Alumni

Share Your Story

Alumni share how U-M ME shaped their careers and lives. Read more stories

Deanna Hoffman

Deanna Hoffman - BSE, 1994; MSE, 1996; PhD, 1999

I joined the mechanical engineering family at The University of Michigan as Deanna Winton and left it as Deanna Hoffman having transformed in profound ways that have shaped my very being. I selected this university because it provided me the opportunity to sample two different career passions: music and engineering. I brought a love of oboe performance, physics, and calculus with me. Walking the halls, classrooms, libraries, and practice rooms underscored my comfort in digging into all things technical and realization that I can enjoy music performance with a little less digging. A career in mechanical engineering ultimately prevailed, and I leaned headlong into my engineering studies. The best engineering education, of course, has many facets, and one I needed to solidify quickly was hands-on experience. Strengthening that facet required getting out of my comfort zone and stepping into designing and building with confidence. I devoted many long hours into the 1993 solar car team and drove Maize & Blue across the finish line in both the U.S. and Australian races. The technical and personal lessons I learned with my teammates founded the engineering feats I have achieved since.

Ultimately, my passion for music, and more specifically sound and vibration, thrived in my studies. The pleasure of learning these subjects, although hard earned, were forged in the fire of Dr. David Dowling’s formidable acoustics class. I managed with what I thought to be an average performance but was thoroughly content with my earned knowledge. However, when Dr. Dowling offered a research assistant position, my first instinct was to look over my shoulder to see if he was speaking to another student. I was delighted to learn that he was indeed offering me the position and spent a fortunate four and a half years researching engine vibration under his watchful and compassionate eye. After securing both an MSME and Ph.D. in Mechanical Engineering during those four and a half years, I was well poised to join the ranks of engineering research and development at Ford Motor Company where I continue to contribute to the evolution of product development. I help shape and am proud of the noise and vibration our customers experience.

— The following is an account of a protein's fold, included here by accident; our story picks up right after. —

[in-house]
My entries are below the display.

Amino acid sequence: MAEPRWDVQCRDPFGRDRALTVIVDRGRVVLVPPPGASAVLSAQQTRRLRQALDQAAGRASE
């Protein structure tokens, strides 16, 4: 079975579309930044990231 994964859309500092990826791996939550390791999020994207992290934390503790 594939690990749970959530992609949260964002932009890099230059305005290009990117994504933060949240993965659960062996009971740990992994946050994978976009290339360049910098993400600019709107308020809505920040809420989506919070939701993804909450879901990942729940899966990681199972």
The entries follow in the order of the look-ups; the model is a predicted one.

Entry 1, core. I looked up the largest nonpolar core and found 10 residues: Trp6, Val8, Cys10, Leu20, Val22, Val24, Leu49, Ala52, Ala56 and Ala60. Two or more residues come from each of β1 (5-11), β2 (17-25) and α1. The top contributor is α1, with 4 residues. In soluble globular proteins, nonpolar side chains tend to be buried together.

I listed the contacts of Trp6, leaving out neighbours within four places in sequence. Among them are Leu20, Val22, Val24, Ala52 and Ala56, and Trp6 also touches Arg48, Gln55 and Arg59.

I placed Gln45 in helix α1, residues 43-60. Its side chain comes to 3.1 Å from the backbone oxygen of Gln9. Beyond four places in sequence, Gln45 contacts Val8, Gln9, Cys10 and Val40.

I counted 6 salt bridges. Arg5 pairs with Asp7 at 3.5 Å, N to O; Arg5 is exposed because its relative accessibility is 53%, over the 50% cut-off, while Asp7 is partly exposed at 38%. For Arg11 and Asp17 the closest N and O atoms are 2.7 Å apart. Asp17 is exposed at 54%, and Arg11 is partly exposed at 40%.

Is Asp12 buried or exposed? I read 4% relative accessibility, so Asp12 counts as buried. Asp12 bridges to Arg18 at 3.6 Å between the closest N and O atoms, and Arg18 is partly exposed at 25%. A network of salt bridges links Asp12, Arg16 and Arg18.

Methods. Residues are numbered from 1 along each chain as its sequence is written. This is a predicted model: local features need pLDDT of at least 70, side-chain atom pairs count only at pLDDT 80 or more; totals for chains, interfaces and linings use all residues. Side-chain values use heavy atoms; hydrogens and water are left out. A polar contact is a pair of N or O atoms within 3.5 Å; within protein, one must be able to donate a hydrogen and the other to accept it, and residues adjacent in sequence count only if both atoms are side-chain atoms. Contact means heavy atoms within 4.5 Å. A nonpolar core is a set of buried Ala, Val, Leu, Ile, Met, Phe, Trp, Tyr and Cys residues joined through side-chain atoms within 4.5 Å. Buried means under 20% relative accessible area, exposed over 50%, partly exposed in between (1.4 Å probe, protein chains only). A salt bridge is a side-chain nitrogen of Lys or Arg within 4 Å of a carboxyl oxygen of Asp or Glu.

Reflecting back on these early years of my life highlights the genuine influence of The University of Michigan on the marvelous journey I continue to travel, pushing Ford Motor Company with me every step of the way.
 

Ashwin Salvi

Ashwin Salvi - MSE, 2009; PhD, 2013

The Mechanical Engineering department is one of the more unique departments at the University of Michigan, where students and faculty work in extremely broad disciplines – anywhere from injury prevention in biomechanics to thermal efficiency and emissions in combustion to systems optimization and operation in controls and many more. The interfacing between researchers in various groups brought a systems level approach to individual efforts where each group contributed their strengths but the entire collaboration learned as a whole. This is best exemplified by the Internet Distributed Hardware in the Loop experiments that connected over the internet a driver in a six-axis ride motion simulator located 50 miles away to a real internal combustion engine consuming fuel and producing emissions in the Michigan Auto Lab – that was the first time somebody actually “drove” that engine! This project utilized the efforts from the controls, optimization, biomechanics, dynamics, computation, combustion, and emissions groups in order to reduce vehicle fuel consumption and emissions while preserving human health.